17. Summary This lead consists of a to the point, detailed summary of the piece of literature being discussed or the prompt being discussed. A summary lead may be combined with another type of lead to be more engaging to the reader.

  18. Summary Examples • Weak: This article proves that the sacrifices of Mother Theresa more than qualify her for the title of saint. • Better: Twenty-eight passengers and a crew of four were killed last night when a single-engine plane crashed four miles south of Bloomington.

  19. What have you learned so far? • The following slides contain each of the five different types of leads. • Read each slide and determine the lead type.

  20. Miss Alaineus: A Vocabulary Disaster by Debra Frasier “None of this would have happened if it wasn’t for Forest. Forest is not a thicket of trees. Forest is a boy. A sick boy, a boy sneezing and coughing all over my desk and pencils. I caught Forest’s cold and had to stay home from school on Tuesday. Tuesday is vocabulary day at Webster School. Follow my advice: Never get sick on Vocabulary Day.”

  21. “The Nature of Liberty” by H.L. Mencken “Every time an officer of the constabulary, in the execution of his just and awful powers under American law, produces a compound fracture of the occupant of some citizen in his custody, with hemorrhage, shock, coma and death, there comes a feeble, falsetto protest from specialists in human liberty. Is it a fact without significance that this protest is never supported by the great body of American freemen, setting aside the actual heirs and creditors of the victim?”

  22. “A Modest Proposal” by Jonathan Swift “I have been assured by a very knowing American of my acquaintance in London, that a young healthy child well nursed, is, at a year old, a most delicious nourishing and wholesome food, whether stewed, roasted, baked, or boiled; and I make no doubt that it will equally serve in a fricassee, or a ragout.”

  23. Meanwhile Back at the Ranch by Trinka Hakes Noble “Rancher Hicks lived out west. As far as the eye could see there was nothing…not even a roaming buffalo. So nothing much happened.”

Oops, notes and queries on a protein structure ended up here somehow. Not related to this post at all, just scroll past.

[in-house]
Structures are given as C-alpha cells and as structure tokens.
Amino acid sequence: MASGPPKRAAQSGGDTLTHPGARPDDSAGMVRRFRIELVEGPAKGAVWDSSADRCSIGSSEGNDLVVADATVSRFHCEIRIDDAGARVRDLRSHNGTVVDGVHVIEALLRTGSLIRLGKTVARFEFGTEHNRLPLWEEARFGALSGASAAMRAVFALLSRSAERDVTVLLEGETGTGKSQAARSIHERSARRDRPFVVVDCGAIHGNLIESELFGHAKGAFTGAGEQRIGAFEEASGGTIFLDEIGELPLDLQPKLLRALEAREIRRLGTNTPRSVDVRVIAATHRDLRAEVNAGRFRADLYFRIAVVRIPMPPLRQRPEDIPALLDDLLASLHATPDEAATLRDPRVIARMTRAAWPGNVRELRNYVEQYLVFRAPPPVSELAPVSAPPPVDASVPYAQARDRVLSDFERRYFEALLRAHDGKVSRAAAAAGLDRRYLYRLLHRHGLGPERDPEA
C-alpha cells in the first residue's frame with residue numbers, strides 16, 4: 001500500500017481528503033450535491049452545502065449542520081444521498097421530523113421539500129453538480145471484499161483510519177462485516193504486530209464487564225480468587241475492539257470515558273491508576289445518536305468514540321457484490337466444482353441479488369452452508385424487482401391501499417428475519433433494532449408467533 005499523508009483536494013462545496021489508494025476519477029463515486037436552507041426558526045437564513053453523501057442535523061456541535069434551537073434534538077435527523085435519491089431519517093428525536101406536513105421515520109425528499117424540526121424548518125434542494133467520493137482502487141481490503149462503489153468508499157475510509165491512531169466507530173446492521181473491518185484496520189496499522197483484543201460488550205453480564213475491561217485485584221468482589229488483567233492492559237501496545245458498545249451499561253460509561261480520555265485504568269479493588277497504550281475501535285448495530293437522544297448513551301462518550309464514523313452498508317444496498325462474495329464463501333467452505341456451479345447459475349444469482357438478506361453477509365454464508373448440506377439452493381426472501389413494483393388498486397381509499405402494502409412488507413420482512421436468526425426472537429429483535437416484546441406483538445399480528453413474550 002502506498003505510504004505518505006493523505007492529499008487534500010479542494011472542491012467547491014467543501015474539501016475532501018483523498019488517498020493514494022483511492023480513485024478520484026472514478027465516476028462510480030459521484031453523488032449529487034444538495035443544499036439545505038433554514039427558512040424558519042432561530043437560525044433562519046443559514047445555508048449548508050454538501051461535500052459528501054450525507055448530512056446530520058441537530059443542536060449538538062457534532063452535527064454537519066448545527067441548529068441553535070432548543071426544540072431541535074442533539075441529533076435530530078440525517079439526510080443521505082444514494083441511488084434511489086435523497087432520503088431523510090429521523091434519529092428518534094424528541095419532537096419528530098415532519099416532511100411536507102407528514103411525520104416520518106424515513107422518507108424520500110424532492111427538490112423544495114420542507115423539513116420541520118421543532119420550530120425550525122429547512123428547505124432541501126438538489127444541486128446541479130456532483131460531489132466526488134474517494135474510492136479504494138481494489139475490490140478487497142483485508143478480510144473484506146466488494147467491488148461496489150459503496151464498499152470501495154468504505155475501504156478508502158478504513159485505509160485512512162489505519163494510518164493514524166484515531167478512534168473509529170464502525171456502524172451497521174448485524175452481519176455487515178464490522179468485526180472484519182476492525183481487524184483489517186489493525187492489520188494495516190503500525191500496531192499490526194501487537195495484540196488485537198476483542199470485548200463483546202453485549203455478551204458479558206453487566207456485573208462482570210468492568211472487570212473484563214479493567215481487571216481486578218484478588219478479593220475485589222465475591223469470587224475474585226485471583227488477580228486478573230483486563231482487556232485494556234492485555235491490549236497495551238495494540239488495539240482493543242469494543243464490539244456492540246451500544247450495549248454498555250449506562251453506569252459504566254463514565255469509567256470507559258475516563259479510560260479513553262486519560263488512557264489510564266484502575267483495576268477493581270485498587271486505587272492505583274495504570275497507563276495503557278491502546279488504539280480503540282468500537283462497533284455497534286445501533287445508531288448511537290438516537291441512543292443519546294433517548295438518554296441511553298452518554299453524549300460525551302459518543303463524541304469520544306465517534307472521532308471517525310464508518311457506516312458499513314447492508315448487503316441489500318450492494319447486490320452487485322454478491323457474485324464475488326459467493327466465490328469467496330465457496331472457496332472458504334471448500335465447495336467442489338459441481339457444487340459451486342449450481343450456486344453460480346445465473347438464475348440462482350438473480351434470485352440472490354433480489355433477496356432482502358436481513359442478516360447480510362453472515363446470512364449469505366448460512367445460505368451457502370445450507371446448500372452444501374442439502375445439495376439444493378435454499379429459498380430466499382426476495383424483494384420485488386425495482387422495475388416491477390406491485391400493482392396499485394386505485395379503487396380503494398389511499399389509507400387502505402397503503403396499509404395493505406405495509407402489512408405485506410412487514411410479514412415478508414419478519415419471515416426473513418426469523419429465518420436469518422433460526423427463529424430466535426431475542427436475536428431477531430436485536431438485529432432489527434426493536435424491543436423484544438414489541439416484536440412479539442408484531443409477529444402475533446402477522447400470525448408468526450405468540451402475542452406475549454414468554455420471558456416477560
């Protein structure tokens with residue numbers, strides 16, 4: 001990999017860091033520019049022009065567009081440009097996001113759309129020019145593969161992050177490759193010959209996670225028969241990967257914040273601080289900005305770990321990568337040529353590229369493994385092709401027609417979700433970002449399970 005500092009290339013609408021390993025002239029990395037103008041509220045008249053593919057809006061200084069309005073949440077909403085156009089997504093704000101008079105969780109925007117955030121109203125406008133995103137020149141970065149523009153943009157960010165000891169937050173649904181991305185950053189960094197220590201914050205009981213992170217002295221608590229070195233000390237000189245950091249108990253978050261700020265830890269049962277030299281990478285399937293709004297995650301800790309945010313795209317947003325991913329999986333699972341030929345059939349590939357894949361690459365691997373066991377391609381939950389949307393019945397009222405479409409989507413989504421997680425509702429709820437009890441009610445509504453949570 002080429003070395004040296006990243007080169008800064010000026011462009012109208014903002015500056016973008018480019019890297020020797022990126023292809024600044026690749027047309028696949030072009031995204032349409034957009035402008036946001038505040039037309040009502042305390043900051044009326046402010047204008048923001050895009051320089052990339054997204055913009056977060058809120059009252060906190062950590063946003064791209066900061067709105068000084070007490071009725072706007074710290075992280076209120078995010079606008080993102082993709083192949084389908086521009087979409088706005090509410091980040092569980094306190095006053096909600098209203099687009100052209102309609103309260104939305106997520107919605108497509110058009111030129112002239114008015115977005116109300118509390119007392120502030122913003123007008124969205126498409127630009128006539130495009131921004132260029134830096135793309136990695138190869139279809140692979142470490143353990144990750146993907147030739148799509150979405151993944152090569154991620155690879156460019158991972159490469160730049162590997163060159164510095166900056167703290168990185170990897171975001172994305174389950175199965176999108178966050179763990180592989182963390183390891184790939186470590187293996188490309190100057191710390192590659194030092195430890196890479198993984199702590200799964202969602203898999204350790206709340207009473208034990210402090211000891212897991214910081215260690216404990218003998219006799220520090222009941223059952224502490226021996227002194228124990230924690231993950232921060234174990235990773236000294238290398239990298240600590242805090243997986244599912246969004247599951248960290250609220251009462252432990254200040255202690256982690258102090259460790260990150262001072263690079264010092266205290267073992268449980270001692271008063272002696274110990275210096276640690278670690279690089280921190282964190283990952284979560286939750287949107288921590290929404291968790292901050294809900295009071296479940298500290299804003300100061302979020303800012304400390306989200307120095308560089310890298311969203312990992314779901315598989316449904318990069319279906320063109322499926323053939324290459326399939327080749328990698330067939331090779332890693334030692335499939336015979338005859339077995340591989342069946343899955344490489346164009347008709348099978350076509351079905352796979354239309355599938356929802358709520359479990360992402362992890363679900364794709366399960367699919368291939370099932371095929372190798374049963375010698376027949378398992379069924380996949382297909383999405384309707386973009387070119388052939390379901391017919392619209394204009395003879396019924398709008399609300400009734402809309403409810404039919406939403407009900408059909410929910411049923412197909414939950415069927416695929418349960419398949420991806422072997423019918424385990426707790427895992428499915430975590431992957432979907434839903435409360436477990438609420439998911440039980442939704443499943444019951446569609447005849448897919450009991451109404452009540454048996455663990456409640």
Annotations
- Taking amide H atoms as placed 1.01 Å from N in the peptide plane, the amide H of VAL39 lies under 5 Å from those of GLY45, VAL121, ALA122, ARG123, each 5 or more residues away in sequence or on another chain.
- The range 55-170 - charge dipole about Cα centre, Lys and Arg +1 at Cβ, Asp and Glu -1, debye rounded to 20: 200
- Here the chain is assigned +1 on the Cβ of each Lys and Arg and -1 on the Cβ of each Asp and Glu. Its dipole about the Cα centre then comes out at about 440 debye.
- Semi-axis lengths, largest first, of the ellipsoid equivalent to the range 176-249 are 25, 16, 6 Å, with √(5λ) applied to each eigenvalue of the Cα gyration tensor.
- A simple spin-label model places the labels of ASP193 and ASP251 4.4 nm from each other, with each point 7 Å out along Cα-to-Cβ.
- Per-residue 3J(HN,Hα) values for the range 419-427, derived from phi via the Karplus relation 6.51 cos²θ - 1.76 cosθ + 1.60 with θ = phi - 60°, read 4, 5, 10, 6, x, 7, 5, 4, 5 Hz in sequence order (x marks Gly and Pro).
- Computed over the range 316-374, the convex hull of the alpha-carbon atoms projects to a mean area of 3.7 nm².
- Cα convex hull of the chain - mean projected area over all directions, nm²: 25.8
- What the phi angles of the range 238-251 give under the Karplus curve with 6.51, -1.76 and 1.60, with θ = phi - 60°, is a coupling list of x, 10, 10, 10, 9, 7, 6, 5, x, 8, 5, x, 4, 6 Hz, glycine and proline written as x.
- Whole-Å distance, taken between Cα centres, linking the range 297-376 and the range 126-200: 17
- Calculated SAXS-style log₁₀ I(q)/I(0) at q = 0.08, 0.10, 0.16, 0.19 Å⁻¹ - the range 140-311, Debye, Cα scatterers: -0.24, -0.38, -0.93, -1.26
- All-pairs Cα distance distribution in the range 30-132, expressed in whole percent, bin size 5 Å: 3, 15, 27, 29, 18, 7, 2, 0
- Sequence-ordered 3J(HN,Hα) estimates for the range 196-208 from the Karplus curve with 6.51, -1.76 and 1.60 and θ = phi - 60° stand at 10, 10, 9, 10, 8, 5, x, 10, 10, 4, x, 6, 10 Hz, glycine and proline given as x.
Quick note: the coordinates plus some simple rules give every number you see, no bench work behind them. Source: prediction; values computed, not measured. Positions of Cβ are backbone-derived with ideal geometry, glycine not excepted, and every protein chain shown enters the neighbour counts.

24. Inside the Brain: Revolutionary Discoveries of How the Mind Works by Ronald Kotulak “Seeing stars, it dreams of eternity. Hearing birds, it makes music. Smelling flowers, it is enraptured. Touching tools, it transforms the earth. But deprived of these sensory experiences, the human brain withers and dies.”

  25. In his book Life the Movie: How Entertainment Conquered Reality, Neal Gabler wrote the following: One does not necessarily have to cluck in disapproval to admit that entertainment is all the things its detractors say it is: fun, effortless, sensational, mindless, formulaic, predictable and subversive. In fact, one might argue that those are the very reasons so many people love it. At the same time, it is not hard to see why cultural aristocrats in the nineteenth century and intellectuals in the twentieth hated entertainment and why they predicted, as one typical nineteenth century critic railed, that its eventual effect would be “to overturn all morality, to poison the springs of domestic happiness, to dissolve the ties of our social order, and to involve our country in ruin.” Write a thoughtful and carefully constructed essay in which you use specific evidence to defend, challenge, or qualify the assertion that entertainment has the capacity to “ruin” society.

  26. Unusual Detail In the smoldering heat of the summer, a body can take weeks to decay into a state of bone. While over the course of two hours, you can eliminate one of the most vital parts of the body by simply allowing yourself to be sucked into the black hole of entertainment the world has created for you.

  27. Activity • Sign in to Google Groups. • Meet with your assigned group. • Brainstorm your ideas together and write two different leads (strong question, snapshot, important observation, fun fact, and summary) as a group for the argument essay prompt about the book, Life the Movie. • Post your two leads on the Google Group site. • DO NOT label which type of lead you are writing. • We will be critiquing the leads as a class, so make you leads as engaging and interesting as possible.

  28. Assessment Write an original lead. *The prompt is located at the bottom of your notes sheet.